Mary Shimmin died in June of 1903. Blanche Shimmin moved to The Berkeley (southeast corner of Berkeley and Boylston) for the 1903-1904 winter season, and by the next season was living at the Empire at 333 Commonwealth. She inherited 229 Beacon from her parents and leased it to others.
229 Beacon was not listed in the 1904 Blue Book.
During the 1904-1905 winter season, it was the home of Frederic Blake Holder and his wife, Agnes Lloyd (Woodruff) Holder. He was a retired metals dealer and importer. They also maintained a home in Weston.
By mid-1905, the Holders had moved to 246 Beacon and 229 Beacon was briefly the home of real estate trustee, investor, and broker Richard Sears.
By the 1905-1906 winter season, 229 Beacon had become the home of Brooks Adams and his wife, Evelyn (Davis) Adams. They also maintained a home in Quincy.
Brooks Adams was a lawyer, author, and historian. During the period he and his wife lived at 229 Beacon, he was a lecturer at the Boston University School of Law. They continued to live there in 1909, but had moved to 33 Chestnut by 1910.
In 1910 and 1911, 229 Beacon was the home of Brooks Adams’s nephew and his wife, Charles Francis Adams 2nd and Frances (Lovering) Adams. They previously had lived in Concord, where they continued to maintain a home. Charles Francis Adams 2nd (called “2nd” to distinguish him from his uncle, Charles Francis Adams, Jr.) was a lawyer and treasurer of Harvard. He later would become Secretary of the Navy in the Hoover Administration and then Chairman of the Board of the State Street Trust Company.
They continued to live at 229 Beacon in 1911, but by the 1911-1912 winter season had moved to 177 Commonwealth, which had been the home of his mother, Fanny Cadwallader (Crowninshield) Adams, the widow of John Quincy Adams. She had died in May of 1911.
During the 1911-1912 winter season, 229 Beacon was the home of William Henry Bowker, president of the Bowker Fertilizer Company, and his wife, Charlotte Jeanette (Ryder) Bowker. They also maintained a home in Concord, Massachusetts. They had lived at 265 Clarendon during the previous season. By the 1912-1913 season, they had moved to 231 Beacon.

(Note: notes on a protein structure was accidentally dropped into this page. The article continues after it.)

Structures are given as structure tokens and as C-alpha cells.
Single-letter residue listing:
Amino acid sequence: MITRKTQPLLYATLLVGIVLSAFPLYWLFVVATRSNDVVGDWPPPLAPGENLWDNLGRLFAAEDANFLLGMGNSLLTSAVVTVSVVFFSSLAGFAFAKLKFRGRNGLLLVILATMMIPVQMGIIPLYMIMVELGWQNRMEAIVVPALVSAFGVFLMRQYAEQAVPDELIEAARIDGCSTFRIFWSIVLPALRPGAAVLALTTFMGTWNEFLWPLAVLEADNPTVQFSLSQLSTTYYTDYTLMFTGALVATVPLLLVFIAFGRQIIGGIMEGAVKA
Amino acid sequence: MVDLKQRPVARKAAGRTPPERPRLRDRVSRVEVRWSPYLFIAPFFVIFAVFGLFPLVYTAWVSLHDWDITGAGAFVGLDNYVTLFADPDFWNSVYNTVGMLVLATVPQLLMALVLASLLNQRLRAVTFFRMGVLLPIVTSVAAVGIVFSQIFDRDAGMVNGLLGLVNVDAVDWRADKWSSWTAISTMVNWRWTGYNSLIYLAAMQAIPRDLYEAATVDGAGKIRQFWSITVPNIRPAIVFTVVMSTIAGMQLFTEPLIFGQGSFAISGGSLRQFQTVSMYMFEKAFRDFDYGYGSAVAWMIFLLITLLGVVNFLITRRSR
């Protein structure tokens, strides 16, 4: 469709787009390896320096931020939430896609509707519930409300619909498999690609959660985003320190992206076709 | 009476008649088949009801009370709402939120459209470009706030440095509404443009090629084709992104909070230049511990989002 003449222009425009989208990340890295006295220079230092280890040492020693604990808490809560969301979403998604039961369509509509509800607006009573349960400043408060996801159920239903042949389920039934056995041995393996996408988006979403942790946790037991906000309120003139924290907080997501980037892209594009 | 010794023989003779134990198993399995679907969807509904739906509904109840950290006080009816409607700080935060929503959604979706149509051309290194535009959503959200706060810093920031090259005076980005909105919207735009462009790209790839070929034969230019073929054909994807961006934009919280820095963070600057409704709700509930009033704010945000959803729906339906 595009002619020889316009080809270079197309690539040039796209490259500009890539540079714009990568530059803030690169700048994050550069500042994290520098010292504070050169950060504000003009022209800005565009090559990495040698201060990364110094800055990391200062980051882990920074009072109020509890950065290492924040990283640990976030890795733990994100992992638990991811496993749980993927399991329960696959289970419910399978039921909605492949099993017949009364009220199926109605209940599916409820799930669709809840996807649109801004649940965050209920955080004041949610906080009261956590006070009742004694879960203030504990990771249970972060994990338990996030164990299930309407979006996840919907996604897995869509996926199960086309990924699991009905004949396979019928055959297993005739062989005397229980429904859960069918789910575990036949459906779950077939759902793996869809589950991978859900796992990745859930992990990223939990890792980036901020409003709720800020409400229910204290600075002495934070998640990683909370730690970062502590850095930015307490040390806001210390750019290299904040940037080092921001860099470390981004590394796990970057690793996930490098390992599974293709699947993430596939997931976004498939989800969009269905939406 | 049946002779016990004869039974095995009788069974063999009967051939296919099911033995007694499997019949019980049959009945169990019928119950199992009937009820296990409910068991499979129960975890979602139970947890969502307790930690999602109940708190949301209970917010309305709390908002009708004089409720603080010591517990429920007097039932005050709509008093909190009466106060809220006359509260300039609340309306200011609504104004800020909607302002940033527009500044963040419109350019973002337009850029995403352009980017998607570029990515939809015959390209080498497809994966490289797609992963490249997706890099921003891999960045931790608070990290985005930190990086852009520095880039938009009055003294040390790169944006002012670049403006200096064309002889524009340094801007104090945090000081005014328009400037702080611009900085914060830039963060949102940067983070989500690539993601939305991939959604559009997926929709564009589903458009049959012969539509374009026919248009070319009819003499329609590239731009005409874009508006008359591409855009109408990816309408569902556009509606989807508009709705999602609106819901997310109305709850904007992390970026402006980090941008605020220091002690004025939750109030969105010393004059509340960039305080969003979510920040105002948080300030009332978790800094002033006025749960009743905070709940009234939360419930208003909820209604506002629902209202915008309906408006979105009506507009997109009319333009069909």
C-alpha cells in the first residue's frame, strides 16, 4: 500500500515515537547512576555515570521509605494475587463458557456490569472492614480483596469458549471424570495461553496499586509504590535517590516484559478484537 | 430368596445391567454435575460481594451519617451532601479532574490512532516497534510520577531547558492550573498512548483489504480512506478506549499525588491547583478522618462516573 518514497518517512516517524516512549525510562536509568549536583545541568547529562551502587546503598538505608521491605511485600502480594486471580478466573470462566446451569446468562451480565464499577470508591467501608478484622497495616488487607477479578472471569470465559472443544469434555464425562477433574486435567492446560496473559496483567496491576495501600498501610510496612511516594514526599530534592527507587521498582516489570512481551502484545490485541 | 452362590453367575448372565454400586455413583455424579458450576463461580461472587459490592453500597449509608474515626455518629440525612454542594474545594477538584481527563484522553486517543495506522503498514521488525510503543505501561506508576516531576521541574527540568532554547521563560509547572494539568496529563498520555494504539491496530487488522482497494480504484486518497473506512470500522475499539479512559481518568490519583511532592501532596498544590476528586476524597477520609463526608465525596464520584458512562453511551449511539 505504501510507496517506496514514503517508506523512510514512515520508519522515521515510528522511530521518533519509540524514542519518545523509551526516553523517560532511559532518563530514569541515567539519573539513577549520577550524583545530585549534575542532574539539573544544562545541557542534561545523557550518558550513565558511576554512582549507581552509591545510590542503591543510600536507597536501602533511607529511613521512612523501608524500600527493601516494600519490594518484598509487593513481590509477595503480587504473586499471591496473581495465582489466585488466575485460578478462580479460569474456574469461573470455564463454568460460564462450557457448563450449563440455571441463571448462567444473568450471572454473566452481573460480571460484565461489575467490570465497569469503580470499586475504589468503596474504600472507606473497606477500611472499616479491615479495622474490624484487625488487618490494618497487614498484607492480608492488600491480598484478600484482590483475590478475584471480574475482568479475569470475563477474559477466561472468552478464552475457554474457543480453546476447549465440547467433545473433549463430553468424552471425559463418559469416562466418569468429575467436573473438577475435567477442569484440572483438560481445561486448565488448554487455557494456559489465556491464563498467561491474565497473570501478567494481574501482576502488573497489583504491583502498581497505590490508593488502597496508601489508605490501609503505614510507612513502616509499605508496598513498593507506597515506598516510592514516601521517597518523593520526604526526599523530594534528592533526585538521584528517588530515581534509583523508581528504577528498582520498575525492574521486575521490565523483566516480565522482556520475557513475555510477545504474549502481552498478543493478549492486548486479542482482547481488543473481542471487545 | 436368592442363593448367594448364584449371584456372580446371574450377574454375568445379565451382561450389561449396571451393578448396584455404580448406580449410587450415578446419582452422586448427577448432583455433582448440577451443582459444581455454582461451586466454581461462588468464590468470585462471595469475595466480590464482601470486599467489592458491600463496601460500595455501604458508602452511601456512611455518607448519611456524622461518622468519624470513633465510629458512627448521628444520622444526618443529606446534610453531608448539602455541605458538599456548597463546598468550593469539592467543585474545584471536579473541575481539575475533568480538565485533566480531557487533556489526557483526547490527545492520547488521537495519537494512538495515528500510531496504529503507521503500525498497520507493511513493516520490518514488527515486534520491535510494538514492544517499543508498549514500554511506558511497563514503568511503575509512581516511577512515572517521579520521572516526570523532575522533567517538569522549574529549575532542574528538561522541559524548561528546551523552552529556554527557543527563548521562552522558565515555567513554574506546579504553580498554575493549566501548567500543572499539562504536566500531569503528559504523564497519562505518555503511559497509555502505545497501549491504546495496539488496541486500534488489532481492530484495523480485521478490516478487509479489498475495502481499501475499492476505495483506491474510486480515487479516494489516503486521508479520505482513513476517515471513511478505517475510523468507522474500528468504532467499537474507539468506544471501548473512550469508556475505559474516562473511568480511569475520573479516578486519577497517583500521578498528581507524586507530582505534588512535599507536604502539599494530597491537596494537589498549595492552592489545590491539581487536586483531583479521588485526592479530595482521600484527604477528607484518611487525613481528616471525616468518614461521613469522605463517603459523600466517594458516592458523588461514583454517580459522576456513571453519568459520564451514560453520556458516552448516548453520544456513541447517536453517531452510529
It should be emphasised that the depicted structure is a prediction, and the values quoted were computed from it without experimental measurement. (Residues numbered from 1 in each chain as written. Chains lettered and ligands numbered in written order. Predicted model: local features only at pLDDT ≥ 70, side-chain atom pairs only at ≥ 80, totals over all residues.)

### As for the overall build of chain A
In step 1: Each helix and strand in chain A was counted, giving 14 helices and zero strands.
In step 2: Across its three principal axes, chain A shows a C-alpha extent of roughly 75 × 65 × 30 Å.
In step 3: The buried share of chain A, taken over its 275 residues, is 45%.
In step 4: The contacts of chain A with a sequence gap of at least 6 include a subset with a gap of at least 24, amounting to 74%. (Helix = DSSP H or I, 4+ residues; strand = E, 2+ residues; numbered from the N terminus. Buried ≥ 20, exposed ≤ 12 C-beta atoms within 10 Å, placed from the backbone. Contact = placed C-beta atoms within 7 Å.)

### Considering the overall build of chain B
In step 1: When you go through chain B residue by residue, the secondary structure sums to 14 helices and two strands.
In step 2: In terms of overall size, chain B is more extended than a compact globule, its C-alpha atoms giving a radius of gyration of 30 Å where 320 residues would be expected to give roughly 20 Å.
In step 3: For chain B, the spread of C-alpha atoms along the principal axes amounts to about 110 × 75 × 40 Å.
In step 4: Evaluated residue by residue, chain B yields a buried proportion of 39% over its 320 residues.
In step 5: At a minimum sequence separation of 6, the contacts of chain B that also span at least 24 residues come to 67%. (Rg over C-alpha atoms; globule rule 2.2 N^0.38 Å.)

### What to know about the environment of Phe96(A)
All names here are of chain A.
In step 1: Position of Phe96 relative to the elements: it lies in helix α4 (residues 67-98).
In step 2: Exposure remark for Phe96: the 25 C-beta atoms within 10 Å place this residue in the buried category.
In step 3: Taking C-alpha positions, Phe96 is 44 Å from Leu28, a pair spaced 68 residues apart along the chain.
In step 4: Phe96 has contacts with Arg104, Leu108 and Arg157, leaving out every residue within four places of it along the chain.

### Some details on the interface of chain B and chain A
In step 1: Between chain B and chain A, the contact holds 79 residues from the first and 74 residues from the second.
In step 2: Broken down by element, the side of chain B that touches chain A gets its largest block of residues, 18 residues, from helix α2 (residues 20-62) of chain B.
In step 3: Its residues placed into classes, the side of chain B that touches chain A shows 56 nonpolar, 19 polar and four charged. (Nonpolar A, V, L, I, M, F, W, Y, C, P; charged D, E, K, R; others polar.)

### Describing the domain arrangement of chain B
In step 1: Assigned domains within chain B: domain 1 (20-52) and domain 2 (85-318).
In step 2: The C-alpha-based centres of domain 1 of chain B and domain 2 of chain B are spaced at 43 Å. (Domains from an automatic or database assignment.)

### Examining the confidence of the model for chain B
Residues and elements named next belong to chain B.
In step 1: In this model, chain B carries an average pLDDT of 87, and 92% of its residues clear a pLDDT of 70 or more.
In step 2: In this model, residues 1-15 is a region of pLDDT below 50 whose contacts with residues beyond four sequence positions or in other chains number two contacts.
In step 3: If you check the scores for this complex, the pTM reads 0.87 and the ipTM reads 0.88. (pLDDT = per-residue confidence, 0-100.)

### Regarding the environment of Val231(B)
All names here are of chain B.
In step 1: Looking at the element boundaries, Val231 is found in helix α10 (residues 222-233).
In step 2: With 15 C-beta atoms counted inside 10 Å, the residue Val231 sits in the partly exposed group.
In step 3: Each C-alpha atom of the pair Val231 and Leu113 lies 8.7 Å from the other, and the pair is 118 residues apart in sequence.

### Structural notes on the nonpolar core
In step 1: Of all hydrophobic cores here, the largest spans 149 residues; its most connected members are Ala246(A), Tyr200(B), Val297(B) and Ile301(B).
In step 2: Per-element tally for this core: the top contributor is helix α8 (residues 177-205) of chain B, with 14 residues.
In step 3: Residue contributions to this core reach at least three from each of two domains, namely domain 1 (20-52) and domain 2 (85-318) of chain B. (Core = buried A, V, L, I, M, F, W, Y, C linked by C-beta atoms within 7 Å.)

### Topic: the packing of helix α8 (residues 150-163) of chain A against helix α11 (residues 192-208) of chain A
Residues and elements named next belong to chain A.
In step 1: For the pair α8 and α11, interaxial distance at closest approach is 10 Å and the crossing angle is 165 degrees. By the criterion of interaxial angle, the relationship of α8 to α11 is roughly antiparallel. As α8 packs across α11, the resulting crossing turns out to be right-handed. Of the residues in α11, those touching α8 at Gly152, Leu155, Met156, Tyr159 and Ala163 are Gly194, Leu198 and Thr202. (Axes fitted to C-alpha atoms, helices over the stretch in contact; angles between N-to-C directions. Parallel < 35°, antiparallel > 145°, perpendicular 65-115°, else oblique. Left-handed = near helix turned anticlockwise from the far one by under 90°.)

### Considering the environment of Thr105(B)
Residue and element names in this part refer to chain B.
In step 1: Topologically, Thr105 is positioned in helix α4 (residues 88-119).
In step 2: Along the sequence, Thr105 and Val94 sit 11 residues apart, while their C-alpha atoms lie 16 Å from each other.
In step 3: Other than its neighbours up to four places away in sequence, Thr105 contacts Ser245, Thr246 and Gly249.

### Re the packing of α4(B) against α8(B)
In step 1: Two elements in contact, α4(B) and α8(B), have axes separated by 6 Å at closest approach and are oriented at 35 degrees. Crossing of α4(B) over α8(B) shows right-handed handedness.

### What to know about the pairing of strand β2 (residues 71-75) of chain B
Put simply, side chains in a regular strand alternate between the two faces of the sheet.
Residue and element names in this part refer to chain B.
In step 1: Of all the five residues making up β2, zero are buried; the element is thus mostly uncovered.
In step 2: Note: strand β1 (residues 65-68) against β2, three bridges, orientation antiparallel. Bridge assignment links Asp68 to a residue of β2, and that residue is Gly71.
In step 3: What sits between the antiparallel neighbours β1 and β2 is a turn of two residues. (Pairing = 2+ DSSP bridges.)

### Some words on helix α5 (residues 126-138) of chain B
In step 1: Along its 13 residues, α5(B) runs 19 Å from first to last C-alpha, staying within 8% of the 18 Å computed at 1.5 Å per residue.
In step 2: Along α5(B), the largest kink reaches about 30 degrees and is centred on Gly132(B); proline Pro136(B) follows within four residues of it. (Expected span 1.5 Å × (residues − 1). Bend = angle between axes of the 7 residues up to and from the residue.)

Blanche Shimmin died in December of 1912.
229 Beacon was not listed in the 1913-1915 Blue Books.
By 1915-1916 winter season, it was once again the home Richard Sears, who had lived there briefly in 1905. He had married in November of 1913 to Susan Elizabeth Goetel Drake. After their marriage, they had lived at 265 Clarendon. They also maintained a home in Ipswich.
Richard and Susan Sears leased 229 Beacon from the estate of Blanche Shimmin until 1920. On June 21, 1920, Richard Sears acquired the property, and on October 18, 1920, he transferred it to his wife.
Richard Sears died in September of 1943. Susan Sears continued to live at 229 Beacon until her death in March of 1973.
On June 1, 1973, 229 Beacon was purchased from Susan Sears’s estate by Norris Strawbridge and M. Gwinn V. Strawbridge, doing business as 229 Beacon Street Company. In August of 1973, they applied for (and subsequently received) permission to convert the house from a single-family dwelling into four apartments.
On July 9, 1974, Norris Strawbridge and M. Gwinn V. Strawbridge transferred the property to a limited partnership, and on December 3, 1979, they transferred it into Norris Strawbridge’s name.
On January 2, 1980, Norris Strawbridge converted the property into four condominium units, the 229 Beacon Street Condominium.